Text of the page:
I think one of my favorite things about Joey has to be how he greets each and every day with enthusiasm. Without fail he wakes me up with such infectious energy, it makes me wonder what he thinks is going to happen. Or, I like to think he's excited about what could happen. He's an 85-lb yellow lab mix, so his enthusiasm can knock you down or hurt you, especially if you tend to be a little wobbly getting up, or he takes you unawares. But once he figures you're getting up (and he knows exactly precisely how I throw the covers off when I'm getting up), he leaps, he bounds, he prances around like a horse, he bucks like a bronco, his eyes are shiny and focused. He actually smiles his biggest smile. He springs on and off the bed, which is thankfully sturdy. At times, all four paws leave the ground, and he likes to give me the high five with both front paws as we walk out the bedroom door. You have to be ready for that. (I'm extremely reluctant to "train" this behavior out of him because it's so integral to his person. We're used to it, but if you come to visit, be warned!)

But Joey's message really starts my day off on the right foot. And he's got a point -- there's a lot to look forward to each day, especially before the day really starts; the possibilities are limitless, and I should be more than happy about that. Sky's the limit. Each and every day. Thank you my beloved Joey-dog for the not-so-gentle, but highly amusing reminder.

You just can't have a bad day that begins like that.

Sunday, January 3, 2010

The Space Between

So, I've had this blog for a while, and I haven't been sure how to begin, but here's what's been on my mind lately...

I so enjoy the time for making/creating glass art between the last show of the previous year and the first show of the new year. What's wierd is that there is not much if any difference in the time between these two shows -- especially with Christmas and the holidays thrown in -- than any other two shows during a given year. So you'd think I'd feel exactly as stressed out as I usually do when preparing for the next show, since I generally have very little time between shows to do so.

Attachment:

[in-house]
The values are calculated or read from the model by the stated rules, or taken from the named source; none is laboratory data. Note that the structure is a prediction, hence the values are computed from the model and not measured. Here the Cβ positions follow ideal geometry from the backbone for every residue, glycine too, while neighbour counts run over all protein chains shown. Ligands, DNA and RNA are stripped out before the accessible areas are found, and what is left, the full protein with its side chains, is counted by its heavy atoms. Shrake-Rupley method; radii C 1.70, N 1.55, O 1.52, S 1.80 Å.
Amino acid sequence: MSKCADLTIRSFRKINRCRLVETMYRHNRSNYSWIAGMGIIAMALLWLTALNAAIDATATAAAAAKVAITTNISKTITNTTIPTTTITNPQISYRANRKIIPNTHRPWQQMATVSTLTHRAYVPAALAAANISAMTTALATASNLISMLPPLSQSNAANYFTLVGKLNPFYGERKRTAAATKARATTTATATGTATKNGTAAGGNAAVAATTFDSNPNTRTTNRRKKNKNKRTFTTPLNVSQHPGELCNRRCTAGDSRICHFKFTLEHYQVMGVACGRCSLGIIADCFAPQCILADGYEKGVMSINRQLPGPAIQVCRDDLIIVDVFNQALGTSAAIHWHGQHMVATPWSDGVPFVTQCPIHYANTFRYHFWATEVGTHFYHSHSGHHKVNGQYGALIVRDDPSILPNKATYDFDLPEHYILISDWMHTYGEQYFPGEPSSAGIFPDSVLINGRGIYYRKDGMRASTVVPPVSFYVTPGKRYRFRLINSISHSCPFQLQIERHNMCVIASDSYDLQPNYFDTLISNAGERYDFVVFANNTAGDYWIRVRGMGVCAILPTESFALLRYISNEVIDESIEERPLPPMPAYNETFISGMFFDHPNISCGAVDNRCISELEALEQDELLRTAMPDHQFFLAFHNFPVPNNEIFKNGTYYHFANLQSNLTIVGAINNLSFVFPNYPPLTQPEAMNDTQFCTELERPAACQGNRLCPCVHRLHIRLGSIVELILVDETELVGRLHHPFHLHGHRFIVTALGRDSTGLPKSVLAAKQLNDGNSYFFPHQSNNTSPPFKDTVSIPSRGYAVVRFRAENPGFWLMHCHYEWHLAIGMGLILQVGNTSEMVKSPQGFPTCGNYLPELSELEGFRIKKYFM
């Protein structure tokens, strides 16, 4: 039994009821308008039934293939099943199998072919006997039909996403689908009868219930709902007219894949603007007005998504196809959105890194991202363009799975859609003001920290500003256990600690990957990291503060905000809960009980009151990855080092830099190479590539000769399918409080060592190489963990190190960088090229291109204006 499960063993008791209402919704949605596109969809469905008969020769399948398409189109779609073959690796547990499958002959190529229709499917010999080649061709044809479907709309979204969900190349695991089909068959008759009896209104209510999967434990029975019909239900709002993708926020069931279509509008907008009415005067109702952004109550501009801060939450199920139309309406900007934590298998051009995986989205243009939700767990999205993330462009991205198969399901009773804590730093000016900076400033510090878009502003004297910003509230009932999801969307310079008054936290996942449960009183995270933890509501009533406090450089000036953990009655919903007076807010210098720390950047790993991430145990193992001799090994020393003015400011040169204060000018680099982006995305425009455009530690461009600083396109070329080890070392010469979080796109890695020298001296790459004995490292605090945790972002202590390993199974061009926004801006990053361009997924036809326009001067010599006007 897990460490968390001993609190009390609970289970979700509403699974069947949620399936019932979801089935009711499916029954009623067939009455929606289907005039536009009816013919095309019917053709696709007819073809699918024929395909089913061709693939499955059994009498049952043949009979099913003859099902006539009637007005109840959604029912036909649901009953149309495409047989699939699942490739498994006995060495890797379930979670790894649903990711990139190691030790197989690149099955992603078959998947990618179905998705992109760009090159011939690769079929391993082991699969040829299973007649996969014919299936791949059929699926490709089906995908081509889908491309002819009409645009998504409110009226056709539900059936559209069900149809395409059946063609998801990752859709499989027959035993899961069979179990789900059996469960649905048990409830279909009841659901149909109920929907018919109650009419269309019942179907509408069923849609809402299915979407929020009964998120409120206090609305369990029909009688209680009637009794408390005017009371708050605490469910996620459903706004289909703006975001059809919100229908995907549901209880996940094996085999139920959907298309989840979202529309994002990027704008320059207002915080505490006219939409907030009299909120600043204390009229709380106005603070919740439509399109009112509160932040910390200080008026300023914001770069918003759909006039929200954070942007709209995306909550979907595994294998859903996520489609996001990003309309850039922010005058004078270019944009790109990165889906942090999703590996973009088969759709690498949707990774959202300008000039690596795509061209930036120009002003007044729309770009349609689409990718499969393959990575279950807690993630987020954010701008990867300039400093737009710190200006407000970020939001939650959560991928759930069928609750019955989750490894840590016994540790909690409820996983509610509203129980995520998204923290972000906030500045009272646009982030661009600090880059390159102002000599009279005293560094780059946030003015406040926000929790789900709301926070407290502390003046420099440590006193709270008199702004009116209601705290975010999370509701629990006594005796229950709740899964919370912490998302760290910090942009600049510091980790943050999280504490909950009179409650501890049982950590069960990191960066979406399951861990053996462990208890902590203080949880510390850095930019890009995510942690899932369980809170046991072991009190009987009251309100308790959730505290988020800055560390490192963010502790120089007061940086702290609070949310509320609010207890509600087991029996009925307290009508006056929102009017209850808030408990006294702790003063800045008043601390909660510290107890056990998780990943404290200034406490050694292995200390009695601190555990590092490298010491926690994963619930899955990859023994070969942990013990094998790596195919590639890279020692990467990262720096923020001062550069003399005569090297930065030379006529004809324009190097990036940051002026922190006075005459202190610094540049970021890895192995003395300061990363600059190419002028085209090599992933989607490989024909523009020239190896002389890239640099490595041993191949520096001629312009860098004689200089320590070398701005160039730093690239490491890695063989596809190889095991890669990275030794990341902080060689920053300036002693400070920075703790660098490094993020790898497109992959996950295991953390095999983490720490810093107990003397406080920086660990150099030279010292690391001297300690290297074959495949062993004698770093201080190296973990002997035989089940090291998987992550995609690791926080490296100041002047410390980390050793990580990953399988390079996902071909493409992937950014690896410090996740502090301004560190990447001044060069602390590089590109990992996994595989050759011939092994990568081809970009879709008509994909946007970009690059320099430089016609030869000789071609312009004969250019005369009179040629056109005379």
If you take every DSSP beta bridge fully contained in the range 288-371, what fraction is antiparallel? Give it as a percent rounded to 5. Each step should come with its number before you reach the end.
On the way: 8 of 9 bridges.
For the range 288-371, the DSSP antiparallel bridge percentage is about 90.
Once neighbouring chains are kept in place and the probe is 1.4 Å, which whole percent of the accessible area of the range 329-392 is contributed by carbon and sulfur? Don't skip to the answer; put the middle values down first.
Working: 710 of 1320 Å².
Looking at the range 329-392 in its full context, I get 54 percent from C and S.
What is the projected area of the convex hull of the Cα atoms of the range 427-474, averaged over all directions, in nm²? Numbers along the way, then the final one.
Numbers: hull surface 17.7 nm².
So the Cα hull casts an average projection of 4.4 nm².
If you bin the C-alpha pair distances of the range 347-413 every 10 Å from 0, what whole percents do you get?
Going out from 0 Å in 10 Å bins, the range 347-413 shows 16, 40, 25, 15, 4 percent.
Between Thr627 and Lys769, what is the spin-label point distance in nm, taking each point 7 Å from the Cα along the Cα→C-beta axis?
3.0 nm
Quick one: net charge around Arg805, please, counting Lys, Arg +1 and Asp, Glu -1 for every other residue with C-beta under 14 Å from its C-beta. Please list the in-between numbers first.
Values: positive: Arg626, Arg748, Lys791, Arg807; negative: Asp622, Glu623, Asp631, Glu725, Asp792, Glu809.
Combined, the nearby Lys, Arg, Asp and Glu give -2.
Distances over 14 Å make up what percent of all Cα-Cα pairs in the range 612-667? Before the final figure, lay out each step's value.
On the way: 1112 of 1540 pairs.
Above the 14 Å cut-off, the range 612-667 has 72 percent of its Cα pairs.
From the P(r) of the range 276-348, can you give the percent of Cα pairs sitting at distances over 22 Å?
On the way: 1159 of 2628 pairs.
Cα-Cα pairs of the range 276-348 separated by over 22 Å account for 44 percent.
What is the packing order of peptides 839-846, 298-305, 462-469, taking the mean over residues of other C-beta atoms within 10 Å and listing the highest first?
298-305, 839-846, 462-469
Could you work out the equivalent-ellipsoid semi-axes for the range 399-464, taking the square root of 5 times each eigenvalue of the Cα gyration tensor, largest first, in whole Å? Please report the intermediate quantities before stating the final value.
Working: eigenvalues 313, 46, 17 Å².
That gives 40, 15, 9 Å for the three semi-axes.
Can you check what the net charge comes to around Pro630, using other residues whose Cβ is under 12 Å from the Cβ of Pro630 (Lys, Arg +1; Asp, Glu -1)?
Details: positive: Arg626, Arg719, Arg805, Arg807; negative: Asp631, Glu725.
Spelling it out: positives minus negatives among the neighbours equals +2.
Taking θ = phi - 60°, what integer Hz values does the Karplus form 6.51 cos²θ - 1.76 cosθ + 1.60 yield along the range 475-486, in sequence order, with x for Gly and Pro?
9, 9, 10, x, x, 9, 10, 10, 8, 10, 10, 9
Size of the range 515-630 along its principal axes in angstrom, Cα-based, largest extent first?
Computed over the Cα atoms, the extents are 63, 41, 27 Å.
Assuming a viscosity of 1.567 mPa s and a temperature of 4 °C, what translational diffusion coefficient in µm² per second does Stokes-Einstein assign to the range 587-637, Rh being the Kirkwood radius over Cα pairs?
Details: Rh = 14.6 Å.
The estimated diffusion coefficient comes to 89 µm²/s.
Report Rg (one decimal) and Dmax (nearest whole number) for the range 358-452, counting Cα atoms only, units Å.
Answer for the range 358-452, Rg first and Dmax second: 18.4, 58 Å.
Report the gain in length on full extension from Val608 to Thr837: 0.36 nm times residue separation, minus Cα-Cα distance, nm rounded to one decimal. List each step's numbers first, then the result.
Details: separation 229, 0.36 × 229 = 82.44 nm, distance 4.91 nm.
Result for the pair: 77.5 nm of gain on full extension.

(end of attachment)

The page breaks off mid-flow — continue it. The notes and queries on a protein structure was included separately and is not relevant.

I do between 25 and 30 or so bead shows per year, so you do the math. I've had folks ask me, "So when do you make beads?" My smart answer is, "Tuesdays, Wednesdays, and Thursdays." Which is pretty much true when you think about it. I travel to shows on Fridays, sell on Saturdays and Sundays, travel home on Mondays, and make new work on Tuesdays, Wednesdays, and Thursdays. This cycle repeats itself 25-30 times per year. Good thing I like to drive my car, listen to books on tape, or music, and travel, or I'd be hating my life!

I digress. So for some reason, I can creatively relax after the last show of the year. The puzzle is why, and how can I keep this feeling going all year long? It's been especially nice this year. Each day, I've been going into the studio to make beads, and just enjoying the here and now of it. I haven't really been thinking about the show coming up next weekend in Baltimore on the 9th and 10th. I haven't been thinking so much about what I "need" to make, and I've been enjoying making what I "want" to make. Each day, I go out into the studio and say, "What colors do I feel like today?" and this is what I work on. It's been nice. I feel connected again. I feel rejuvenated. I remember what I love about making beads. I remember what has kept me going for the past 15+ years.

Now, how to keep this feeling of the New Year, as I think it helps me to create more work, and better work? I try to tell myself that folks understand that this is all handmade, and not produced in a factory somewhere, so sometimes there's not a lot of it. But what there is of it is very nice, eh? So wish me luck in trying to keep my attitude properly adjusted. Hey! I think I just made a New Year's resolution! I'd been rooting around for one...